Katreena Scott: It’s a tough line because I think that it’s important and it’s valuable to understand. For many individuals who engage in abusive behavior, they have their own history of childhood abuse. They have their own history of victimization. they’re feeling shame. They have thoughts that are. That it’s not a good situation for them. And being able to recognize that and at the same time recognize that because of that, you’re causing harm to somebody else and that needs to stop. It’s sometimes hard for people to hold both of those in their heads at the same time, but it’s critical.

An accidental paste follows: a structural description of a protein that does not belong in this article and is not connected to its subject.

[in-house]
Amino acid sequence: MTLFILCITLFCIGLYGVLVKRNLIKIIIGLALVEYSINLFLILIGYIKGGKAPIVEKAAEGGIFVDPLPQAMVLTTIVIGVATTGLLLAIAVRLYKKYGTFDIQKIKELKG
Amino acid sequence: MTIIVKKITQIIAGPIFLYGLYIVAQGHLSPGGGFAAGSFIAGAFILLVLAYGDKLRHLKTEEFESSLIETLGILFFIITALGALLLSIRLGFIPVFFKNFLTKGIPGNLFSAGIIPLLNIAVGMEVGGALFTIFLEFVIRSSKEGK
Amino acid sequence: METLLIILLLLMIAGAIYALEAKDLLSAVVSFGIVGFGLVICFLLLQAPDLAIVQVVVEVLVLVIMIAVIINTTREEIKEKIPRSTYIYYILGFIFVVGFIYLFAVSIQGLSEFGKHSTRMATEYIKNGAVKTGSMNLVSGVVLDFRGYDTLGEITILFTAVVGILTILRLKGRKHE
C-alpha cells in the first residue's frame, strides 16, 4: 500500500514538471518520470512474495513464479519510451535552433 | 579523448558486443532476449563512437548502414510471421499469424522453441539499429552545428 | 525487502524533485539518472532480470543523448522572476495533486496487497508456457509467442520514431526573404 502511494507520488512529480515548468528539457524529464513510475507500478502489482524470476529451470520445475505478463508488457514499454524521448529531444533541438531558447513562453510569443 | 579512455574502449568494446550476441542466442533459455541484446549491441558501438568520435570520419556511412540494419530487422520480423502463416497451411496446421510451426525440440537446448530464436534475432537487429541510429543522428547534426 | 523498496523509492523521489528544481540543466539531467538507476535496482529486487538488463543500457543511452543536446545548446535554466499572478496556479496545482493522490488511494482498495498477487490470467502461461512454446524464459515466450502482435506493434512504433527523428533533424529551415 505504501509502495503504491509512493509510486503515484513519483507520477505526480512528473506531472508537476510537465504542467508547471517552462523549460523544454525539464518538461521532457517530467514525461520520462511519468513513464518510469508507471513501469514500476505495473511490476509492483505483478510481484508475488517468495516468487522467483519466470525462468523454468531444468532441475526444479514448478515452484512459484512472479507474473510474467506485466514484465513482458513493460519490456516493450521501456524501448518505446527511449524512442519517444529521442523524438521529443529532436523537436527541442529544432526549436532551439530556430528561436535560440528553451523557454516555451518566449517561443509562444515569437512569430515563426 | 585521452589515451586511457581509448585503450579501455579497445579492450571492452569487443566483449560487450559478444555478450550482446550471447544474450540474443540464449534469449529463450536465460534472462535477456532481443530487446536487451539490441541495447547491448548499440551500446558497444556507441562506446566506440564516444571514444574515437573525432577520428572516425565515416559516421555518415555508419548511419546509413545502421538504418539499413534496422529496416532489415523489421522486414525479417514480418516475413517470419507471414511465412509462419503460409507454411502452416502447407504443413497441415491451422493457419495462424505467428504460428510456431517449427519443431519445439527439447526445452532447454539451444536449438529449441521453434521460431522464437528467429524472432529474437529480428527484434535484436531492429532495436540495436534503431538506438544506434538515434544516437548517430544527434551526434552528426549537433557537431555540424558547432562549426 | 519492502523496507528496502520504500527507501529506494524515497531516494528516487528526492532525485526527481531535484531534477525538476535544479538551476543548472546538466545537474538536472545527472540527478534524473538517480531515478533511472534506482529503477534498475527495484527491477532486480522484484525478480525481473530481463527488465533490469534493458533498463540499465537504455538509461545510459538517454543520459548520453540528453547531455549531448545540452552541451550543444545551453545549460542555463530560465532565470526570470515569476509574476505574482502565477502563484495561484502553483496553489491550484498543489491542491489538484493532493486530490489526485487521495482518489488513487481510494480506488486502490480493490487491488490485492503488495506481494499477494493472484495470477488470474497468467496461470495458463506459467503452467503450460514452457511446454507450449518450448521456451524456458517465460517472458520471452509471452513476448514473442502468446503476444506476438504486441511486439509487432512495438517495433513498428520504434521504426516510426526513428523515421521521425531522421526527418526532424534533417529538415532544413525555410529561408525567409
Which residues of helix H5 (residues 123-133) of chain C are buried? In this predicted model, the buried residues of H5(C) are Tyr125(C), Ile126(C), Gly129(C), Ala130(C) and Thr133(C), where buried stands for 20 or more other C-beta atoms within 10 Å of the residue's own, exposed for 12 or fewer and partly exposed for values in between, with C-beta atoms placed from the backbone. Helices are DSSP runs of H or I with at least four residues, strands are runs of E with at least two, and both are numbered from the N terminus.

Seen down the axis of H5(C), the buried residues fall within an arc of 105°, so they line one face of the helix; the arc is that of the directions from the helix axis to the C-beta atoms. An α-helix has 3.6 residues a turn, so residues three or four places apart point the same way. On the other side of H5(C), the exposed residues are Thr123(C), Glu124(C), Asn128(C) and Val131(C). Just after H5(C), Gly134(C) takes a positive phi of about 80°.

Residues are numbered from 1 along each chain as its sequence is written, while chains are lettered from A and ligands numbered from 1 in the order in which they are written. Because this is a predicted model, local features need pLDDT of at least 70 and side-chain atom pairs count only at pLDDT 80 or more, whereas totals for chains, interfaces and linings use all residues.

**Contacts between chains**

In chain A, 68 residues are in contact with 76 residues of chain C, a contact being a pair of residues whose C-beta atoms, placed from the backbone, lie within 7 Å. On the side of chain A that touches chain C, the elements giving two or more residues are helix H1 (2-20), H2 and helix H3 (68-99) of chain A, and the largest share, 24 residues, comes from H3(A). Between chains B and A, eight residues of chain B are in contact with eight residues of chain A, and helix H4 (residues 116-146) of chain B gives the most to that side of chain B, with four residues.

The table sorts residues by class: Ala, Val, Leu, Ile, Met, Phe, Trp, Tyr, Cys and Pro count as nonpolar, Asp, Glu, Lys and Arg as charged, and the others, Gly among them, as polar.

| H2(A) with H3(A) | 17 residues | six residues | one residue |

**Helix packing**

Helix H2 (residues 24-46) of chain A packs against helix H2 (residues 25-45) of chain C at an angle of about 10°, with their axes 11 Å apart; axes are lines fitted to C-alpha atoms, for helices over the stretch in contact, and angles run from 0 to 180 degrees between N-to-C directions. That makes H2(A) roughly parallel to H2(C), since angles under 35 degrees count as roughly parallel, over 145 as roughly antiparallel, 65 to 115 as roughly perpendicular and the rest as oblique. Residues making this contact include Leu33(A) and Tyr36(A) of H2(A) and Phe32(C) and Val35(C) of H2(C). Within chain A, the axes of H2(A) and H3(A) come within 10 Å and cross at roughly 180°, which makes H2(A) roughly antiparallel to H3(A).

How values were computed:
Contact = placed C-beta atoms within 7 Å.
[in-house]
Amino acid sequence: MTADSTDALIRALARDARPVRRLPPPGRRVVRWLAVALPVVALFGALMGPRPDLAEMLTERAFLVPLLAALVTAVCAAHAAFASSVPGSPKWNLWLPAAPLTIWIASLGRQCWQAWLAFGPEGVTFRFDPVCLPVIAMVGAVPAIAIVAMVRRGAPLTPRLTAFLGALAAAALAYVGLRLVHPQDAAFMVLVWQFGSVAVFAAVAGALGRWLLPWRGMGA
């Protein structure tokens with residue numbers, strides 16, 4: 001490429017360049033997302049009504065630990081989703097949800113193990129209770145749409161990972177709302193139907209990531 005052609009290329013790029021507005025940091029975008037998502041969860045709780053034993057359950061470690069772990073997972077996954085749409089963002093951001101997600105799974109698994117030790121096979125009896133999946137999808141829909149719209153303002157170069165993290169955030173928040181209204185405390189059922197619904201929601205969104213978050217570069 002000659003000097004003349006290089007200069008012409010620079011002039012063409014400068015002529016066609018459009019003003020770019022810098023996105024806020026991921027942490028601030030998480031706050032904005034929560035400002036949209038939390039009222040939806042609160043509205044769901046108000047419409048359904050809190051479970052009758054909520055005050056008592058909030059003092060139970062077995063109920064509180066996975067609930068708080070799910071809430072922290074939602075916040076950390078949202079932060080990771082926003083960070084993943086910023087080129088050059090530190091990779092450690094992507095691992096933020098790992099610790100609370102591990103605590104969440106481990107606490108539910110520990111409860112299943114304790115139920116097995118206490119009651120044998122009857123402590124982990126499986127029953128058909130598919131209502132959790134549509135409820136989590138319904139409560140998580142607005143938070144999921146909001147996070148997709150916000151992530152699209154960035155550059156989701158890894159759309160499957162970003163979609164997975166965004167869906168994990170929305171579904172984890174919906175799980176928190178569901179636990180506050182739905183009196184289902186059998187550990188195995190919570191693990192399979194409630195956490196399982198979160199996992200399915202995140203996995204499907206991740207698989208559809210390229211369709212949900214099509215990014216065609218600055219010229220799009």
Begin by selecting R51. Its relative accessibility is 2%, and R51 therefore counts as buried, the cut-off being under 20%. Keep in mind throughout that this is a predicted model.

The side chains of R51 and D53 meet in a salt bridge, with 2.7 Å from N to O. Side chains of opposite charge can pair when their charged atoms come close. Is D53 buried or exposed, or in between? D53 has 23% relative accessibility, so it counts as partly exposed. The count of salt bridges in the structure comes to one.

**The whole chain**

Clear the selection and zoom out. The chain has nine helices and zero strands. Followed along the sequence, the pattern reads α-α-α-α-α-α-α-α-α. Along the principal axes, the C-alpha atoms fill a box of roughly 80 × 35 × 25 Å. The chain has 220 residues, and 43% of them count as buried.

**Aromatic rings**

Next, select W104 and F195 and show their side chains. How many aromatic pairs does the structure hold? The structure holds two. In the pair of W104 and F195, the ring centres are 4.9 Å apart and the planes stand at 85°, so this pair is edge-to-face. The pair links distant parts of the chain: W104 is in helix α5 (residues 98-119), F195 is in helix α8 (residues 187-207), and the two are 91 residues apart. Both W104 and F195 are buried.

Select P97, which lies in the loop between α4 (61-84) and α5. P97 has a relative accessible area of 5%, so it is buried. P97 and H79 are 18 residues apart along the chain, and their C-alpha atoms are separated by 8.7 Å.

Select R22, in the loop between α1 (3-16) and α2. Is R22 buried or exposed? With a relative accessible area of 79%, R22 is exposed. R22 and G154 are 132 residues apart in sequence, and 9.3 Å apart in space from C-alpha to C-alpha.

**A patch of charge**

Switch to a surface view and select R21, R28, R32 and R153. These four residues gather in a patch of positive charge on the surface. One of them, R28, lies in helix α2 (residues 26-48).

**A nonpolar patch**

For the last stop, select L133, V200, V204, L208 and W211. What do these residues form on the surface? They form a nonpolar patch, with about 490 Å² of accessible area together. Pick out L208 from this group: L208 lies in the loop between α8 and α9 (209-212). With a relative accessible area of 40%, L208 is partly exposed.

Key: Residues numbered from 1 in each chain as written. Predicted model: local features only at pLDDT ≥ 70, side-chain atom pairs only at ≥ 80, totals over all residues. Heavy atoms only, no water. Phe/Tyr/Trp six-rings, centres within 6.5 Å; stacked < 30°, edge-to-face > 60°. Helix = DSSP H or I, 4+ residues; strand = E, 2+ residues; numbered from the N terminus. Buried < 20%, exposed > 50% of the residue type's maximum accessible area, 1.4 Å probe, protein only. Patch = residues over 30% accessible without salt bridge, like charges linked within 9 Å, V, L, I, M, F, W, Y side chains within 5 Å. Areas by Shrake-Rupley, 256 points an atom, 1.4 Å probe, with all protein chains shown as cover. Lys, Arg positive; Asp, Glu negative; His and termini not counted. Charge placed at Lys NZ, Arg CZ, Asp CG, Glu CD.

Jenna Mayne: Yeah, that’s so true. It’s so true. It’s, you know, something has happened to you, but now you’re making something happen to someone else. And. And I think it is so important to recognize. So we’re also talking about people’s men’s childhood experiences and how experiences in their childhood can impact what happens in their relationships down the road. And I know you talk about this more in the beginning of the episode here, but I’m wondering if you can elaborate on it a little bit more and help us understand why someone’s childhoods can so greatly impact their relationships later on.